Learn about the regional atmosphere leading up to the 1967 Six Day War, the build up to war, the iconic battles that defined the war, and its resolution and aftermath.
Yom Yerushalayim marks a significant day in the religious and historical nature of the Jewish people in Israel, yet it has also elicited different feelings and reactions for many Jews and Jewish communities throughout the world. The downloadable classroom materials are meant to be utilized in one class period (approximately 45 minutes) and combines film, journaling, and discussion activities to engage your students with the magnitude and complexity of these six days of war.
Click on the print icon to download student handout and additional resources.
Professor Yeshayahu Leibovitz, Occupation and Terror, 1976 Yeshayahu Leibovitz is considered one of Israel’s leading and controversial public intellectuals. In the following source, he speaks of his concerns regarding Israel’s victory in the Six Day War. In a world from which colonialism has been eliminated, Israel, since 1967, is endeavoring to impose colonial rule on the territory of a foreign people. Two aspects of Israeli rule over the West Bank and Gaza ought to be considered…The question of the internal implications of including one and a quarter million Arabs of the West Bank and Gaza under the rule of the state of Israel…the second problem involves the implications for Jewish Arab relations. The occupation rule in the West Bank and Gaza will bring about solidarity of the half a million Israeli Arab citizens with their brothers in the occupied territories. This will lead to a radical change in their state of mind. Inevitably, they will no longer regard themselves as citizens of the State of Israel, but rather as members of a people exploited by a state.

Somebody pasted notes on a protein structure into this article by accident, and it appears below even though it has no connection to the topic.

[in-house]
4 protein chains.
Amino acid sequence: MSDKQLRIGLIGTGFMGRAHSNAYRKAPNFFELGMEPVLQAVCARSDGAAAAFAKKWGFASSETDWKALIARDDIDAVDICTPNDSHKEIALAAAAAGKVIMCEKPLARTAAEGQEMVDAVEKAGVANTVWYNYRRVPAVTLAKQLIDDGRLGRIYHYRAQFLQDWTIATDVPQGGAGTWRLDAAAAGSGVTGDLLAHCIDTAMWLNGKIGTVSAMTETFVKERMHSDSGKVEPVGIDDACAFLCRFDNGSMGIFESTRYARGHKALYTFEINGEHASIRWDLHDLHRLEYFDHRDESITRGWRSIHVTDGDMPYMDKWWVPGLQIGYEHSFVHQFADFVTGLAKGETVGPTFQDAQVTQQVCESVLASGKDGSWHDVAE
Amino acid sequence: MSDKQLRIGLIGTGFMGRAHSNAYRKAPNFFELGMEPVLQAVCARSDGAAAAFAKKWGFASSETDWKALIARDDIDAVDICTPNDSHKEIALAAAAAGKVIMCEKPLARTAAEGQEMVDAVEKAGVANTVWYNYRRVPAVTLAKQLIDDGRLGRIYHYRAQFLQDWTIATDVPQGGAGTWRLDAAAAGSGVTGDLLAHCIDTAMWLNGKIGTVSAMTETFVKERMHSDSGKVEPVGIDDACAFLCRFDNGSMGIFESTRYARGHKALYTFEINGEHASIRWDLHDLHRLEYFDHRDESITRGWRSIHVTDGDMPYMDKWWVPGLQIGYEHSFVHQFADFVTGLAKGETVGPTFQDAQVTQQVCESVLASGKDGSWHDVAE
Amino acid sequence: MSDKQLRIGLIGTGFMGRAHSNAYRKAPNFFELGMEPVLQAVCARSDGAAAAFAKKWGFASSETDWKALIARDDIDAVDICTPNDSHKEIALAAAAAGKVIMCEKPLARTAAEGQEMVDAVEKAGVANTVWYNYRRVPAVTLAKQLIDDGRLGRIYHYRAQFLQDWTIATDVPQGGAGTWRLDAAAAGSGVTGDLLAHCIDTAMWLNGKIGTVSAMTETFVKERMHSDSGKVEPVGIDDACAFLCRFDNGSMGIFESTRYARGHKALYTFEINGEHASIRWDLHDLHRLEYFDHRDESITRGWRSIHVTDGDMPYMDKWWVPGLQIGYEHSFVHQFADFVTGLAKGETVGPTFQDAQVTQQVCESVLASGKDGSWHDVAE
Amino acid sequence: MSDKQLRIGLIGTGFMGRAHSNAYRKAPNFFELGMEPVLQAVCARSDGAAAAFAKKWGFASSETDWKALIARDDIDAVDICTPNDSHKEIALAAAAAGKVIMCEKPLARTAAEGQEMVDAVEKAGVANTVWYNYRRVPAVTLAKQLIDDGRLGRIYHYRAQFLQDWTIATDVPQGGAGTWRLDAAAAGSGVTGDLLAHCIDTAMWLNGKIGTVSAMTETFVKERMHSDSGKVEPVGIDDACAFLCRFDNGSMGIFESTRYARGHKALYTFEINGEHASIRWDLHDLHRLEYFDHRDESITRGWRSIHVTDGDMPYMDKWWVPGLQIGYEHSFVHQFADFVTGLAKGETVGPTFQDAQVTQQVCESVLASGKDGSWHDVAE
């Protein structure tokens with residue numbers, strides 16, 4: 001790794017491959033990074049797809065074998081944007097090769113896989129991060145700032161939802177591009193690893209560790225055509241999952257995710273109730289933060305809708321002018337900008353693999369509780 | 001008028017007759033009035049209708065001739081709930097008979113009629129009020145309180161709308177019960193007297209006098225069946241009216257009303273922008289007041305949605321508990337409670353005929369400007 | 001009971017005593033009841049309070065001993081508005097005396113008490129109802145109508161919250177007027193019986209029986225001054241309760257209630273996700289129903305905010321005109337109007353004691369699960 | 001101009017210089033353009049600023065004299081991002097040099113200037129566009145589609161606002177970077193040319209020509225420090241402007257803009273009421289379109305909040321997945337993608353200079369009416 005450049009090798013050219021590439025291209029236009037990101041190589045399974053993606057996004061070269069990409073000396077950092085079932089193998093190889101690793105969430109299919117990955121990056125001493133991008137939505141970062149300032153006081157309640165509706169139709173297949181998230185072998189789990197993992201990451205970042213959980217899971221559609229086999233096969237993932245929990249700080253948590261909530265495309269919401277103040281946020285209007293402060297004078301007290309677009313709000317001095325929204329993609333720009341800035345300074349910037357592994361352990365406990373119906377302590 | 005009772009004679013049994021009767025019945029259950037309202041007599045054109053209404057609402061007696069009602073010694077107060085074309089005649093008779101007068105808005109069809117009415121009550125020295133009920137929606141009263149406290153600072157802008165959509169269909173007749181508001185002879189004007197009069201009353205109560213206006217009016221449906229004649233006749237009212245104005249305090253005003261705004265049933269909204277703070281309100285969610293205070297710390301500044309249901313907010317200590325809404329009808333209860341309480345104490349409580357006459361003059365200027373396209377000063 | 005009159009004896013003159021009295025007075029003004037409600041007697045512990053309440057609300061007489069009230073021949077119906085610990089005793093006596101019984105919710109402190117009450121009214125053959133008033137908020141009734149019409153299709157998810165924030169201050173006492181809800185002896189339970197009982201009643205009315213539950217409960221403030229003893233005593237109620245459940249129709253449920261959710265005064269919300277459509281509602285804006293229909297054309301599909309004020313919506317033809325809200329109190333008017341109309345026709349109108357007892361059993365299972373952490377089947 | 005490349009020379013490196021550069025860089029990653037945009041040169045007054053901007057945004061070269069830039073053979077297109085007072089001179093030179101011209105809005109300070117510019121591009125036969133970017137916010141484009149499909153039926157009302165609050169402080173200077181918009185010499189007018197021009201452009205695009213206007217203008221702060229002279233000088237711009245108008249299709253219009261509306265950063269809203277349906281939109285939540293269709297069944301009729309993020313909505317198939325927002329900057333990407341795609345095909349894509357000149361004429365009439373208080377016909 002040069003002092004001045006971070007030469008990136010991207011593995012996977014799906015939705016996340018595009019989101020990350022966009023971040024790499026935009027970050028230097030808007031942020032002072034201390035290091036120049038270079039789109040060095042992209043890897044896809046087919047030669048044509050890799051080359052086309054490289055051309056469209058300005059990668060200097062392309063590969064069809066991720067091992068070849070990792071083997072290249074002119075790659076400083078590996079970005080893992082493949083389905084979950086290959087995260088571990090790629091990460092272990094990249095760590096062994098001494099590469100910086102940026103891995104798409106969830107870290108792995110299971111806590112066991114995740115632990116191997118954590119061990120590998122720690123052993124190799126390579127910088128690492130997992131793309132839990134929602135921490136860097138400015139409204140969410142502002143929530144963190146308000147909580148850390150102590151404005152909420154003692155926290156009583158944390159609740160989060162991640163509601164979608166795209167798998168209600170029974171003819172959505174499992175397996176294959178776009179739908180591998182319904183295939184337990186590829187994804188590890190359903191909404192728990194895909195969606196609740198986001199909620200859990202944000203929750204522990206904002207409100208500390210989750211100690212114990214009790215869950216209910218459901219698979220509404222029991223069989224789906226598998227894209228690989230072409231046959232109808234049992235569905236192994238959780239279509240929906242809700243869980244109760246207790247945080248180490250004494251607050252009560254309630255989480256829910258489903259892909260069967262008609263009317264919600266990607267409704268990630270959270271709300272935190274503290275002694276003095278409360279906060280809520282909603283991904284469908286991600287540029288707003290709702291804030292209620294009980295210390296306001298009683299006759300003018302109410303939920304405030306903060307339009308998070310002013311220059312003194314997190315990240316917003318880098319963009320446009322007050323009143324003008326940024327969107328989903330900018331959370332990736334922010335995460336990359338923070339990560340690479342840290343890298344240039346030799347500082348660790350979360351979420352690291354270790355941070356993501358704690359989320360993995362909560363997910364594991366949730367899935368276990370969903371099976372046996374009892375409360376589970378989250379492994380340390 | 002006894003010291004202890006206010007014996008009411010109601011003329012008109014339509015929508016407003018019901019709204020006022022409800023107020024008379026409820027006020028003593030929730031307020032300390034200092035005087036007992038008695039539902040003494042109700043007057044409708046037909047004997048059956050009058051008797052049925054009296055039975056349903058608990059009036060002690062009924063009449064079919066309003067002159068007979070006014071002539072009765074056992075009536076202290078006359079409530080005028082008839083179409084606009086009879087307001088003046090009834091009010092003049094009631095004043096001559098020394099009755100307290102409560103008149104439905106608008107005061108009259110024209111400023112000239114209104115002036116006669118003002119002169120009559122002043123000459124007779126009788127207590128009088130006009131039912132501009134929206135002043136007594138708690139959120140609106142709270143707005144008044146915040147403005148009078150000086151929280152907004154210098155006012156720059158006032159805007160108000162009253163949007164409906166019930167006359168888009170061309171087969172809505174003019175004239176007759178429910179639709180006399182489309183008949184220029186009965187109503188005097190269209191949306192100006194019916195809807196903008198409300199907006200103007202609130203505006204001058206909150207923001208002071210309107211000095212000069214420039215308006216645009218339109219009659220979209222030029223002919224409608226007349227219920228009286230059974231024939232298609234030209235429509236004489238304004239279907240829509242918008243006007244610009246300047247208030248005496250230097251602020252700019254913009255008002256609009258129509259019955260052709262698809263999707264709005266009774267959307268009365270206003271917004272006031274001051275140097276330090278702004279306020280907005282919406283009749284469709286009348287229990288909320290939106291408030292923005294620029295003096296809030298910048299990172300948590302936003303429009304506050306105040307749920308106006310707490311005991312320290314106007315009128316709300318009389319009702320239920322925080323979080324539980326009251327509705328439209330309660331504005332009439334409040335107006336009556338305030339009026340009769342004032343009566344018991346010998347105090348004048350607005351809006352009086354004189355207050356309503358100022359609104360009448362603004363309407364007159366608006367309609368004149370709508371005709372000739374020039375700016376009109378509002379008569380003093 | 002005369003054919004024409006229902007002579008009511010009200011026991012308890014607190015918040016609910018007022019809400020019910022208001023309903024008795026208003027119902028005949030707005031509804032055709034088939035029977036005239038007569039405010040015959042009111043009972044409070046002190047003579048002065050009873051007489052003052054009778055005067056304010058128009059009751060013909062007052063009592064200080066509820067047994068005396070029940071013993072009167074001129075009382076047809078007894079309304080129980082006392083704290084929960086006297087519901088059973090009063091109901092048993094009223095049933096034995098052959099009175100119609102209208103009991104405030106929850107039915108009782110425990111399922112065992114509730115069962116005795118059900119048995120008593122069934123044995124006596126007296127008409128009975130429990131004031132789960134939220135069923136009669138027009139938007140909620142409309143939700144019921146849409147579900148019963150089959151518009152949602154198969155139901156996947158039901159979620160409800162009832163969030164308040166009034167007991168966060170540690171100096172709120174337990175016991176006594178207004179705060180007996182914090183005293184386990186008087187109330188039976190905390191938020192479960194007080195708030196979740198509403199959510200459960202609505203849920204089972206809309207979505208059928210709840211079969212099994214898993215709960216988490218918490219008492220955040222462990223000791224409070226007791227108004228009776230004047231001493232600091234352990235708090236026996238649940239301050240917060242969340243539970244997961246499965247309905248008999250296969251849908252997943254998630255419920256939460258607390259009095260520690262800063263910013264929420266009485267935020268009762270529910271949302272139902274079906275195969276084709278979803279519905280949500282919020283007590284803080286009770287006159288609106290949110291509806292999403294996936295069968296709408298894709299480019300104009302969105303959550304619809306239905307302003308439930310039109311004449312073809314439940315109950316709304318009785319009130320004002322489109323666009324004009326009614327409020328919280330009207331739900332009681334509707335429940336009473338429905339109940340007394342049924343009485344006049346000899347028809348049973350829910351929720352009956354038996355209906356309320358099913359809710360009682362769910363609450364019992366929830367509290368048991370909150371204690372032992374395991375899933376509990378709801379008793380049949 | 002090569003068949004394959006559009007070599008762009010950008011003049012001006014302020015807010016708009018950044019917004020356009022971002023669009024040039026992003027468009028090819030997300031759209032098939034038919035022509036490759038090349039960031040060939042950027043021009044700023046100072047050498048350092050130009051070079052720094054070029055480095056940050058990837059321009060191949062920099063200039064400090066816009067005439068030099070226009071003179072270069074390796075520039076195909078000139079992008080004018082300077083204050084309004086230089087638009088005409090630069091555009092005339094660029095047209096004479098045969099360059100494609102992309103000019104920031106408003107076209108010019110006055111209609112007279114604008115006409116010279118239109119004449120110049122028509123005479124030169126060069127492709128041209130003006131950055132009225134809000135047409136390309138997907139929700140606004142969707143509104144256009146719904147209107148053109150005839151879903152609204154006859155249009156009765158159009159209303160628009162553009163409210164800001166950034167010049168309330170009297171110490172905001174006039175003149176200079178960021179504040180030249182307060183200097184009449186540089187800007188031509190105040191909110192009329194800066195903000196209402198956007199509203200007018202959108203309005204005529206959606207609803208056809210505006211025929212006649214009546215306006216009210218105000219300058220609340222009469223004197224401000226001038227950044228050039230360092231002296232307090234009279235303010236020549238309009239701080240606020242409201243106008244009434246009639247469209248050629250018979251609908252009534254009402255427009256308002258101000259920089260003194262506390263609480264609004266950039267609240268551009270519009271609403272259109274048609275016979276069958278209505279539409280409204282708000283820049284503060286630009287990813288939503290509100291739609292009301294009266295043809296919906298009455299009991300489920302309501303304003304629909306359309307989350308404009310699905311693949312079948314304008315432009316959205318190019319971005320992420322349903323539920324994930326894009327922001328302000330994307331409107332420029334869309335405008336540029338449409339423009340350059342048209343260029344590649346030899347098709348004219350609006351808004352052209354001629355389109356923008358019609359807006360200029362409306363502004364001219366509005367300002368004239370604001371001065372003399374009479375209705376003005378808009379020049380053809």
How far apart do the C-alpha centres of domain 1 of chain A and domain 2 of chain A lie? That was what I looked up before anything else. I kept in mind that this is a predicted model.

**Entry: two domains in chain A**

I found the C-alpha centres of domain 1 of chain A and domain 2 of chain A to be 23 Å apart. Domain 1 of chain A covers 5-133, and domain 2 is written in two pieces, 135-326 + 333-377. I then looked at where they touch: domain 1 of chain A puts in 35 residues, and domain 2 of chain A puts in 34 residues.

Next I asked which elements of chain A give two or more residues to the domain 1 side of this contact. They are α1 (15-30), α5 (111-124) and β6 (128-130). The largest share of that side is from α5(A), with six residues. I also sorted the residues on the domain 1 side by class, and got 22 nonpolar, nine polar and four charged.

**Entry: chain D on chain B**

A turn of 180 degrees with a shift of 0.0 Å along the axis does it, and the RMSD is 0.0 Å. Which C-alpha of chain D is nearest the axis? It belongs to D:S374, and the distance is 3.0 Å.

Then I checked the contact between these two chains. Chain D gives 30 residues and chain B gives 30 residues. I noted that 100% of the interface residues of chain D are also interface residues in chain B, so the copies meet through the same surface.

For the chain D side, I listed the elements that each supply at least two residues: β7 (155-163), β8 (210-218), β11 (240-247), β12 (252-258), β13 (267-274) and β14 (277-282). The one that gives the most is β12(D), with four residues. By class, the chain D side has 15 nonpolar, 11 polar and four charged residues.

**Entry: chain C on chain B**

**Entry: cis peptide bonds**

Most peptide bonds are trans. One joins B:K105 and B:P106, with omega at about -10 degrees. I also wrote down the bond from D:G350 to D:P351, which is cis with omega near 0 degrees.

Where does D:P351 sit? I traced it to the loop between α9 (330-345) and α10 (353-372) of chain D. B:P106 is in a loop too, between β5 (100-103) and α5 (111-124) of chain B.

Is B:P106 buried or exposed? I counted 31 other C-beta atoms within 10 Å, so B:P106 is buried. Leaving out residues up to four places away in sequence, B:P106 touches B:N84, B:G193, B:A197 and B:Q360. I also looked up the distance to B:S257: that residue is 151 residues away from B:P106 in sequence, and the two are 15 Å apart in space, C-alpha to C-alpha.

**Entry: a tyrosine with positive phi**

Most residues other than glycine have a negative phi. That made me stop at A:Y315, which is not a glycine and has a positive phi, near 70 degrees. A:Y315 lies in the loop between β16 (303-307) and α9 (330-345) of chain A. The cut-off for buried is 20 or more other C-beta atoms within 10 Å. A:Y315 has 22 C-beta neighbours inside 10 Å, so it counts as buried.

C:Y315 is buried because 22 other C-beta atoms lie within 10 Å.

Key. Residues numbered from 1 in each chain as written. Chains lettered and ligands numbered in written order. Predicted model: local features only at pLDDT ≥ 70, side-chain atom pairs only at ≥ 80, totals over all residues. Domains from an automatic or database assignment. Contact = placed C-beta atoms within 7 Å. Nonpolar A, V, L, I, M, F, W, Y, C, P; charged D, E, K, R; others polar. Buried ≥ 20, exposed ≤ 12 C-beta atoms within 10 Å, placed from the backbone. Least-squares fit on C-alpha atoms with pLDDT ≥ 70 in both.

When reading this, do you find yourself frustrated by what Leibovitz argues or in agreement with his point of view?
Natan Sharansky, Foreword to Gil Troy’s The Zionist Ideas: Visions for the Jewish Homeland ―Then, Now, Tomorrow The Zionist Idea gave me – and millions of others – a meaningful identity. In June, 1967, when I was nineteen, the call from Jerusalem – ‘The Temple Mount is in Our Hands – penetrated the Iron Curtain. Democratic Israel’s victory in the Six-Day War, defeating Arb dictatorships threatening to destroy it, inspired many of us all over the world to become active participants in Jewish history…Forging a mystical link with our people, we discovered identity, or as we call it “peoplehood.” Suddenly, we soviet Jews, Jews of silence, robbed of our heritage by the Soviet regime, realized there is a country that called us its children.
After reading both Sharansky and Leibowitz, whose reaction do you identify with more and what impact can this view have on your life?